If this and the number of firms filing nil returns isn’t bad enough, direct taxes haven’t jumped post-DeMo either.
While it is early days, and companies are still grappling with the GST, the relatively low number of returns filed for July is disappointing. Of the approximately 60 lakh assessees who were supposed to file GSTR1 (sales) returns by October 10, only 46 lakh have done so. Even after accounting for some 2 lakh incomplete filings, as also those who would opt for the composition scheme or are B2C players, the gap would appear to be fairly high at close to 10 lakh assessees. Equally perplexing was the relatively high number of assessees who claimed their tax liability was nil in the returns filed by August 20. Of the 56 lakh summary returns that were filed, 40% or 22 lakh assessees claimed they were not eligible to pay any tax at all. Conceding this was a very big chunk of assessees, the government has decided to launch a survey to figure out whether this is genuine. There will be no searches or seizures; instead, the government hopes to get some information through consultations with taxpayers and other sources. Prima facie, it seems highly unlikely such a large number of firms attract no tax liability. Either way, it is important to get to the bottom of this to get a sense of whether the tax base is actually expanding. Given 26 lakh new taxpayers have come into the tax net, the GST collections should have seen much greater buoyancy. Possibly, the system will stabilise over the next few months and this will lead to a bigger mop-up in subsequent months. As of now, though, the mobilisation is subdued and there has been a shortfall in both July and August. Unless all glitches are ironed out in the next few months, the government could be staring at a shortfall in indirect tax collections vis-a-vis the budget estimate of `9.27 lakh crore for FY18.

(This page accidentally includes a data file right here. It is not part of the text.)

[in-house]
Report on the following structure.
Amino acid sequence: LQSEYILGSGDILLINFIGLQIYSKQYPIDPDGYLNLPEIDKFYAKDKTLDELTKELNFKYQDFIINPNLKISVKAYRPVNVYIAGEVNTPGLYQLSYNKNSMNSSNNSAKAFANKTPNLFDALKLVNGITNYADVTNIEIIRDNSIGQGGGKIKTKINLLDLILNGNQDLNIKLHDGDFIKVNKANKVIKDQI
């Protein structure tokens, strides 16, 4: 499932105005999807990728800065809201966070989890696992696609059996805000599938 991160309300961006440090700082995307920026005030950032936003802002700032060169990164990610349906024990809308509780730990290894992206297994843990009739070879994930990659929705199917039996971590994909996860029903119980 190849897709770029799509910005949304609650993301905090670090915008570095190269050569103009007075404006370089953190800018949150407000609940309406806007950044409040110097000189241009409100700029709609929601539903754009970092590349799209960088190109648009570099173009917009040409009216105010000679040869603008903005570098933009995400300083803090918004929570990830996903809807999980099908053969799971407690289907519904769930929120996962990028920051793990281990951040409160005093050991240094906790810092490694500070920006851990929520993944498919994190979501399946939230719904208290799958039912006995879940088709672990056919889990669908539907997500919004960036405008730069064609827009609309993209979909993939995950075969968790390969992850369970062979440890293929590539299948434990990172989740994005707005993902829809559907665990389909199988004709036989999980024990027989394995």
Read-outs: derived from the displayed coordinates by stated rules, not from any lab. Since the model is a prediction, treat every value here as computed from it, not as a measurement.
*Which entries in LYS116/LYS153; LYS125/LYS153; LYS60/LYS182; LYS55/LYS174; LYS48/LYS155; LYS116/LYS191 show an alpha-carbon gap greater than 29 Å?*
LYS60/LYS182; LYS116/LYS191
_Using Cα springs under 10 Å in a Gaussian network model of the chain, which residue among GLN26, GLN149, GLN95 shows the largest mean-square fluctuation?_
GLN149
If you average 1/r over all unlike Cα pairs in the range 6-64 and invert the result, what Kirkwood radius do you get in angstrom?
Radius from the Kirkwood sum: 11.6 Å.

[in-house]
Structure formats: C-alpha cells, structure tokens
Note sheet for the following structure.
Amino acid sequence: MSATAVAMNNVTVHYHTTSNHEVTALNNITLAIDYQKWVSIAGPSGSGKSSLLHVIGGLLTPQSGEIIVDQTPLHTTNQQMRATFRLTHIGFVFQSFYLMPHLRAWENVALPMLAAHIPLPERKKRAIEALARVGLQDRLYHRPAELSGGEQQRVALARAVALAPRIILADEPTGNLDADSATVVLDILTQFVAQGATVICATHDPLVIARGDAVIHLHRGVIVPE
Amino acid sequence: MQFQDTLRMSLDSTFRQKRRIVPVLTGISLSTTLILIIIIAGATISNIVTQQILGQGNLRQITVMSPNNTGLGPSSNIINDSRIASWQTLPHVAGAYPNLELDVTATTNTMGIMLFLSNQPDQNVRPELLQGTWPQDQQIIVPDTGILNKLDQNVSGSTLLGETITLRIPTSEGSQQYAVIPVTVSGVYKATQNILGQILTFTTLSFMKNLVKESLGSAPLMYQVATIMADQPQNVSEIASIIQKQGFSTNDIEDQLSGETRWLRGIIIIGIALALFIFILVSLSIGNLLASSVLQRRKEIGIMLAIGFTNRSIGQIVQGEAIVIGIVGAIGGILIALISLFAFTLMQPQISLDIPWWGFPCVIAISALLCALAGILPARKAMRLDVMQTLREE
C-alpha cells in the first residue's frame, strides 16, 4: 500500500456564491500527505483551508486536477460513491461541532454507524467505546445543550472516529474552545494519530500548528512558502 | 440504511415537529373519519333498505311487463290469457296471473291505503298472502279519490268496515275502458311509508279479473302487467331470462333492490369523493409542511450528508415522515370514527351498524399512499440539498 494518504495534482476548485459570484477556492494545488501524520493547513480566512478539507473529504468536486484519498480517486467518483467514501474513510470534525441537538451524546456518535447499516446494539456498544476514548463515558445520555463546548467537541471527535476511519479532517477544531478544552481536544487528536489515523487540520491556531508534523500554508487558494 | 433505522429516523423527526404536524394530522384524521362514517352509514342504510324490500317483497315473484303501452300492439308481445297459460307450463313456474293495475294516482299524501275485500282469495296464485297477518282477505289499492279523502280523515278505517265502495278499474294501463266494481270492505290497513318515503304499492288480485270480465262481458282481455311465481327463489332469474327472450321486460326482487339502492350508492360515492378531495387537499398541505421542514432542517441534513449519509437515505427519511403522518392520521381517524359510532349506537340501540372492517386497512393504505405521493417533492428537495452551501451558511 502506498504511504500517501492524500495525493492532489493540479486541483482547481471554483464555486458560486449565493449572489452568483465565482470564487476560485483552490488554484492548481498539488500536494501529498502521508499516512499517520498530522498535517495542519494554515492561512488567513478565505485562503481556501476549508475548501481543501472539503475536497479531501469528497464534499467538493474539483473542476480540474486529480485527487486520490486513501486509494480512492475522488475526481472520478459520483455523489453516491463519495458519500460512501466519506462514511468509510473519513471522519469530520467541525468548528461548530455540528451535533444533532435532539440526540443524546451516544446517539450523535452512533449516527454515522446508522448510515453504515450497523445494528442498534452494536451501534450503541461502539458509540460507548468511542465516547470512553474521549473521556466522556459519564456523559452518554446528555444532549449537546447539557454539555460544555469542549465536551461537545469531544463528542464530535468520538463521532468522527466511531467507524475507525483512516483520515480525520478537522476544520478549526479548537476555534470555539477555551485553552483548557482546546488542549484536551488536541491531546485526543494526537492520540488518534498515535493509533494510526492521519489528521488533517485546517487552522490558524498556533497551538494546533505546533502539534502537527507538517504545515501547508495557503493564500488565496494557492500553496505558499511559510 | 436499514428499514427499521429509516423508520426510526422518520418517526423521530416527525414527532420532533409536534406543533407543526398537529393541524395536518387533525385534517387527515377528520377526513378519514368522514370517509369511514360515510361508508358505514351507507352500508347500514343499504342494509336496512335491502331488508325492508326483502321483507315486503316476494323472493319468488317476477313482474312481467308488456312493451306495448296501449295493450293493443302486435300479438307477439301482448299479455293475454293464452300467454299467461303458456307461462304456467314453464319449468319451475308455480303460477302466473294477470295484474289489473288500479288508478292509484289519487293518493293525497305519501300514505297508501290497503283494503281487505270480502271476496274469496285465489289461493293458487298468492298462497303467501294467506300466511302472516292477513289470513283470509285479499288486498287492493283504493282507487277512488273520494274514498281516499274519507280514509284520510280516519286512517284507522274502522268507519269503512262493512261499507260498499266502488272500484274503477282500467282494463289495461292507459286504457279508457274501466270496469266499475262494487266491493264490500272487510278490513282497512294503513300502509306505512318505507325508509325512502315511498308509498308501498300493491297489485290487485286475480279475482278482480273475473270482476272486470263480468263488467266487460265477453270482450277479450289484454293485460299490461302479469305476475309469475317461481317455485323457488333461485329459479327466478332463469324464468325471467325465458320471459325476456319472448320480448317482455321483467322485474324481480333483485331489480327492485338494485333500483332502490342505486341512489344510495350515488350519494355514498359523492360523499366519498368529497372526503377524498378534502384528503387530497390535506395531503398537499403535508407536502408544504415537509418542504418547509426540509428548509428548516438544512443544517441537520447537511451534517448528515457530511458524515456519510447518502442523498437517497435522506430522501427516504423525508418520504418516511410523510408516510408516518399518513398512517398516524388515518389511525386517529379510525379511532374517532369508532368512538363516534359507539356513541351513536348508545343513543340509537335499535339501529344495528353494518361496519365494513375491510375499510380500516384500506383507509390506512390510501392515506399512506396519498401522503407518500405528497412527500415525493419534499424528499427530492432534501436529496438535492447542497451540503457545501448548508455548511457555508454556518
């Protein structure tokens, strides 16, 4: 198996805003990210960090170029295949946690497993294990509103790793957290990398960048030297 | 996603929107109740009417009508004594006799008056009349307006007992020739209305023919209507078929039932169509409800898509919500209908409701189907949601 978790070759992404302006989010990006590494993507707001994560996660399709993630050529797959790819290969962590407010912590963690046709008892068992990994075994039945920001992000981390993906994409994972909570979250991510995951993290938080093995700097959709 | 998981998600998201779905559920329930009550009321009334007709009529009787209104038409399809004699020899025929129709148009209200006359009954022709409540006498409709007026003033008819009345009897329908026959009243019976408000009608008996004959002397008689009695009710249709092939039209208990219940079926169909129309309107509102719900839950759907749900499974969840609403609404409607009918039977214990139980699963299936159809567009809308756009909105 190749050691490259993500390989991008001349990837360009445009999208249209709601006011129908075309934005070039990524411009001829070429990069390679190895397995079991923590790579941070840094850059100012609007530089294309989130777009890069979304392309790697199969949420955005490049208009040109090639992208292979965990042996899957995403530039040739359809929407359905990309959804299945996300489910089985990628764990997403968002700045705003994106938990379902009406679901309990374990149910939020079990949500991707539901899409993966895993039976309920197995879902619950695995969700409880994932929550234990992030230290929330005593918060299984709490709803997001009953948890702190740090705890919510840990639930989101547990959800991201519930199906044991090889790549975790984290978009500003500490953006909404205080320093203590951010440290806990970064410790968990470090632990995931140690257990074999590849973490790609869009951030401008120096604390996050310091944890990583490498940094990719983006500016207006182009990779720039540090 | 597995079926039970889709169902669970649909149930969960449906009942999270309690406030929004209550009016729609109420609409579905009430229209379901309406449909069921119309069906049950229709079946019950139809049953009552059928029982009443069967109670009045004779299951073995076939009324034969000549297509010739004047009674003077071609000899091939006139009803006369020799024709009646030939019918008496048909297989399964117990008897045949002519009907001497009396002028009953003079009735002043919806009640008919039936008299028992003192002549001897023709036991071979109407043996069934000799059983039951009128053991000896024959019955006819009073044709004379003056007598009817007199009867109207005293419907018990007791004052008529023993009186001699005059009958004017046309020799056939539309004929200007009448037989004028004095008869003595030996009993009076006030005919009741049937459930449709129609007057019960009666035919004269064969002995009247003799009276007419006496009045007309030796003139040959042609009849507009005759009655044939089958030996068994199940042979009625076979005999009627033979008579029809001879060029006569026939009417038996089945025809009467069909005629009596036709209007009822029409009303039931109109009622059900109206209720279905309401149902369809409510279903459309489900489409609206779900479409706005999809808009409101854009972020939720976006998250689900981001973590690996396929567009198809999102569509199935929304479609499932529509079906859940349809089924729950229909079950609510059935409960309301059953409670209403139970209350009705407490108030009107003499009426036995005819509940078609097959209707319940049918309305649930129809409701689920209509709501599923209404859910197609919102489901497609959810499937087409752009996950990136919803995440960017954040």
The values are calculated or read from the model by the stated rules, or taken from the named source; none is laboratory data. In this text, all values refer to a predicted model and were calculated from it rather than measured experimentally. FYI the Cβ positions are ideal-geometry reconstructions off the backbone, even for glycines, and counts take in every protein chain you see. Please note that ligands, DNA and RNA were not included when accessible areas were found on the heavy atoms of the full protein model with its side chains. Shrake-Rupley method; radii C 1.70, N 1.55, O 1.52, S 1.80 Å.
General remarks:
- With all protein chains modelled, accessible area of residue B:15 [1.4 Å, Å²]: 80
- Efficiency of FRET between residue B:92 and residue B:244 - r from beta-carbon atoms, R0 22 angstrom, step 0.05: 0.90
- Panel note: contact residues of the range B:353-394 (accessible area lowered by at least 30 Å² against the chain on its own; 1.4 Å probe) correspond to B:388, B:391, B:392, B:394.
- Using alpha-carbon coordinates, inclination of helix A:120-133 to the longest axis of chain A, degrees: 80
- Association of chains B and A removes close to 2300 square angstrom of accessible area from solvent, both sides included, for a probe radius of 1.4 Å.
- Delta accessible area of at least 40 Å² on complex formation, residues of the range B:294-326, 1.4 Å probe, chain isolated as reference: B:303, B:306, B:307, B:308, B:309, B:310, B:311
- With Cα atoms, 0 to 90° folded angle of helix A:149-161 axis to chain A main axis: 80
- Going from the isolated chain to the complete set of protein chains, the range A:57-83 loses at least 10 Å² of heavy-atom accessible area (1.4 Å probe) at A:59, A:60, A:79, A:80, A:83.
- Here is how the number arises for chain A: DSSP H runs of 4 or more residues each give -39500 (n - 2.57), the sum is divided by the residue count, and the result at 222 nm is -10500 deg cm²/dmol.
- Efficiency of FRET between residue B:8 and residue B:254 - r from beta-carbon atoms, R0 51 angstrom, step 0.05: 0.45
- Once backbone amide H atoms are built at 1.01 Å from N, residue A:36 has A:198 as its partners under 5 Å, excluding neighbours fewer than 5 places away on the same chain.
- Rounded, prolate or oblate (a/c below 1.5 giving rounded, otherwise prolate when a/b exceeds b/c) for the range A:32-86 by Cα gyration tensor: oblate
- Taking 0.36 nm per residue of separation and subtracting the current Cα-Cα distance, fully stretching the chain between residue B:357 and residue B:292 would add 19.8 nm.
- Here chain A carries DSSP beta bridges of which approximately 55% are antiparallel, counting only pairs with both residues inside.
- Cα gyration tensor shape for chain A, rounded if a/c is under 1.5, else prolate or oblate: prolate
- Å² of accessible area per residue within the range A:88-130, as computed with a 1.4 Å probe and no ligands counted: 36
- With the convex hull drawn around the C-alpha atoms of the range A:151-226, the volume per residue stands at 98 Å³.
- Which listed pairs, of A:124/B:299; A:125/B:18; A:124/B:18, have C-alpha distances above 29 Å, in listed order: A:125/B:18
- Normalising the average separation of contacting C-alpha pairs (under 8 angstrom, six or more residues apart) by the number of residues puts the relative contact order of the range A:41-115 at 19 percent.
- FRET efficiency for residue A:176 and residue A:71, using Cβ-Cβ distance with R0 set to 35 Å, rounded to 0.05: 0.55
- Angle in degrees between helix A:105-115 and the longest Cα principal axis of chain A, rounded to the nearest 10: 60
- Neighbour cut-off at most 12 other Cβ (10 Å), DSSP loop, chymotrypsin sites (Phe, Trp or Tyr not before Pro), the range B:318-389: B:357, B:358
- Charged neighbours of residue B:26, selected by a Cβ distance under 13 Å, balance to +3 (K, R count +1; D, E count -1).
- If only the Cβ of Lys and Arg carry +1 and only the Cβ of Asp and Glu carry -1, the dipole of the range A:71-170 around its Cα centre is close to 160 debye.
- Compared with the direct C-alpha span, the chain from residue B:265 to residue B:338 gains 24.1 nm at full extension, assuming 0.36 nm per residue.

While teething troubles were always to be expected in the case of GST, what is surprising is that even after demonetisation and the Operation Clean Money initiative, there doesn’t seem to be any exceptional buoyancy in direct tax collections either. Direct tax collections have risen 15.8% y-o-y in H1FY18 versus 8% in H1FY17 and 12.2% in H1FY16. But, if you keep in mind that the full FY18 budget growth target was 15.3%, the growth in H1 looks less impressive, more so when you consider the numbers put out on the suspicious deposits being tracked. A total of 18 lakh persons who made cash deposits that did not match their income profiles was talked of by the taxman at one point; another figure put the amount of suspicious deposits at `2.8 lakh crore, though it was always clear all of this was not black money. Investigations of this nature take their time, and it is possible the data mining by the tax authorities will give them enough information to collect taxes from tax-evaders. But, till then, it does look as if we could be staring at large tax shortages at the end of the year. With shortages in other revenues such as those in telecom, and the growth slowdown likely to lower nominal GDP, the deficit will almost certainly take a hit.